A MAN who once coordinated a rapid response emergency service for dairy farmers – including those working for the Queen – has praised a health and social care team in his own time of need.
Along with his late wife Ida, Allan Snowden (90), from Biggar ran a service which could be dispatched at short notice to tend to a dairy herd anywhere in Scotland if the farmer was unable, either through illness, injury or taking leave.
Northern Farmers’ Relief Service, which operated from 1954 until 1974 employing 30, served an illustrious client list including the Earl of Caithness, resident factor at the Queen’s Balmoral estate.
But now Mr Snowden has found himself in receipt of vital support when his own health took a turn for the worse in recent years - in the form of South Lanarkshire Health and Social Care Partnership’s Integrated Community Support Team (ICST).
Mr Snowden said: “During my working life, I always derived a real sense of satisfaction from helping farmers. Many cases were to cover holiday but a lot of the calls we dealt with got farmers out of a real bind.
“I remember once, for example, a farmer had broken his leg one night and was unable to work. We were on the scene the next morning to milk the cows.
He added: “You could see the sense of relief we brought to farmers and their families. We were perceived as the emergency service of the dairy world.
“It’s funny all these years later that I find myself as recipient of a service that’s extremely well-organised, efficient and brought me a great sense of relief and support when I’ve most needed it.”
In recent years Mr Snowden has required hospital treatment – and various admissions – for a number of conditions including Chronic Obstructive Pulmonary Disease (COPD), the name for a collection of lung diseases.
But Mr Snowden, a grandfather of eight and great grandfather of two has been able to get back home and live independently thanks the work of the ICST.
The team, which is now active across South Lanarkshire, aims to prevent unnecessary hospital or care home admissions and reduce the length of stay in hospital.
The ICST has brought together nurses, physiotherapists and hospital discharge rehabilitation staff from NHS Lanarkshire with social workers, home care workers and occupational therapists from South Lanarkshire Council. Medical care is provided by the person’s own GP who links, when needed, with hospital consultants.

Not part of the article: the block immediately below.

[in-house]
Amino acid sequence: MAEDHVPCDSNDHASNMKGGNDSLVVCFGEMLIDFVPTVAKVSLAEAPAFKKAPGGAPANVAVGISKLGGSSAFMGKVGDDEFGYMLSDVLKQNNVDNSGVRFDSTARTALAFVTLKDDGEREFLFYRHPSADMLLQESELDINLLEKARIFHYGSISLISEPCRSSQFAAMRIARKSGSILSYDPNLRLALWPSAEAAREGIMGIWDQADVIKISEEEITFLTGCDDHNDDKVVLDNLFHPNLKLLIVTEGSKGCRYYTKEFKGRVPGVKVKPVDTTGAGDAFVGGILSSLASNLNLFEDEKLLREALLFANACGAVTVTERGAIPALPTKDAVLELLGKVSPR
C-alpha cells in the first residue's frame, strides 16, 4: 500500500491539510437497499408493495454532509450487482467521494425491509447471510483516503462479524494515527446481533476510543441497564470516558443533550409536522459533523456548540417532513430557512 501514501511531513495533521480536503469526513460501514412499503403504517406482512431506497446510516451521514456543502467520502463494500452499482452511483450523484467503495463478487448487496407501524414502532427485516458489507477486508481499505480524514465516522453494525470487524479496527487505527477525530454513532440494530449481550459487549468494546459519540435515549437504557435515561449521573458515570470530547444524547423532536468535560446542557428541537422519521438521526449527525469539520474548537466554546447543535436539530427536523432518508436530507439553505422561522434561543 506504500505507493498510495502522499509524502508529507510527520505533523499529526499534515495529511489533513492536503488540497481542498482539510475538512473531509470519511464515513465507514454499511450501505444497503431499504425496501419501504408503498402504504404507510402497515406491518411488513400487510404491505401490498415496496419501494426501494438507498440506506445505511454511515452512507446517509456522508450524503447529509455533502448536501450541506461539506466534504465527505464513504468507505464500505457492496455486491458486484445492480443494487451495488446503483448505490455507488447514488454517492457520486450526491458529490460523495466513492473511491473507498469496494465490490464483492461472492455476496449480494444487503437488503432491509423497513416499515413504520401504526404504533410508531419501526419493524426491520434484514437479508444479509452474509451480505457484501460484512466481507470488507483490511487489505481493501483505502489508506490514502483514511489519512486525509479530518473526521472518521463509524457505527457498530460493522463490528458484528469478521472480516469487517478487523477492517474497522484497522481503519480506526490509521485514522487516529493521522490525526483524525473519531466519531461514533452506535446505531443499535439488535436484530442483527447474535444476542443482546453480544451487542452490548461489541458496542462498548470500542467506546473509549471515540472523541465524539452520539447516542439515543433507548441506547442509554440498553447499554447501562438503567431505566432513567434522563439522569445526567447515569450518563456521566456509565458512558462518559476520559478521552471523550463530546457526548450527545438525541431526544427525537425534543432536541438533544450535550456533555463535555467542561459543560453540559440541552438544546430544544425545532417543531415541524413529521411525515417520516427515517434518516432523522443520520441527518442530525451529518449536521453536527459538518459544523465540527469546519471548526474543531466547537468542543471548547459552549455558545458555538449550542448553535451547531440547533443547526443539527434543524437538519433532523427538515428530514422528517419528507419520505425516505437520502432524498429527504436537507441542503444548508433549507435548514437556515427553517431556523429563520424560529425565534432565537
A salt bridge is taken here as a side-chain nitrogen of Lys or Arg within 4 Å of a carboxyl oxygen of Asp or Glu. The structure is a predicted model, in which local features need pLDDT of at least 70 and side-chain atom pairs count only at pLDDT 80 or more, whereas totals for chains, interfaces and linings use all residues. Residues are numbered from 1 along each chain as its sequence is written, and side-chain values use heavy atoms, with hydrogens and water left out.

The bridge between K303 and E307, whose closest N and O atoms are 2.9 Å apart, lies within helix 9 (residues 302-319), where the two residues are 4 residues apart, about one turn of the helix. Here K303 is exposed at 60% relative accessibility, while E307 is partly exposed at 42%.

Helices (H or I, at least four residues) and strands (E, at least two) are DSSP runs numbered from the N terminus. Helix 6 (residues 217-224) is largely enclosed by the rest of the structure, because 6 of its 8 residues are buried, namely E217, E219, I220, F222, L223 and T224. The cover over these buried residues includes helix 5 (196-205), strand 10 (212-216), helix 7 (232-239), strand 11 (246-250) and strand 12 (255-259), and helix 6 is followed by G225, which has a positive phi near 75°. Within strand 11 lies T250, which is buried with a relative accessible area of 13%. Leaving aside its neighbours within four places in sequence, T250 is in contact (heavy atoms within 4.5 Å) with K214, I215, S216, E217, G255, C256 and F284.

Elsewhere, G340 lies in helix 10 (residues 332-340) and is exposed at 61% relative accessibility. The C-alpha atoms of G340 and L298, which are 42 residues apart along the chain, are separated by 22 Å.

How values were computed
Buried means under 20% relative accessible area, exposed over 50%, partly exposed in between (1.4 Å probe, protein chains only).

Recipients have ranged from those with complex care needs to people with less serious conditions which could require hospital admission if left untreated.
Mr Snowden explained: “I receive regular visits from home care staff and medical staff, including district nurses, who attend to my various needs. They coordinate their visits so I can get on with my day and they’re always all up to date with my condition so I’m not repeating my story.
“That allows me to stay at home here in Biggar, have my family visit me and to go for short walks around the town. After leading such an active life it’s wonderful to be able to retain that independence. I can’t thank the team enough.”
Harry Stevenson, Chief Officer, South Lanarkshire Health and Social Care Partnership, praised the joined-up work supporting Mr Snowden and others who need support later in life.
Harry said: “As we integrate health and social care services this example illustrates that there is a lot of good work already underway in South Lanarkshire.
“As we now look to build on a well-established spirit of partnership working, Mr Snowden’s story, and his kind words, bode well for the future of community-based care and support.”
Mr Snowden’s praise comes as integrated health and social care arrangements are required to be in place here, and across Scotland, by April 1 2016.
South Lanarkshire Health and Social Care Partnership (H&SCP) has been set up to take this reform – which is required by law – forward.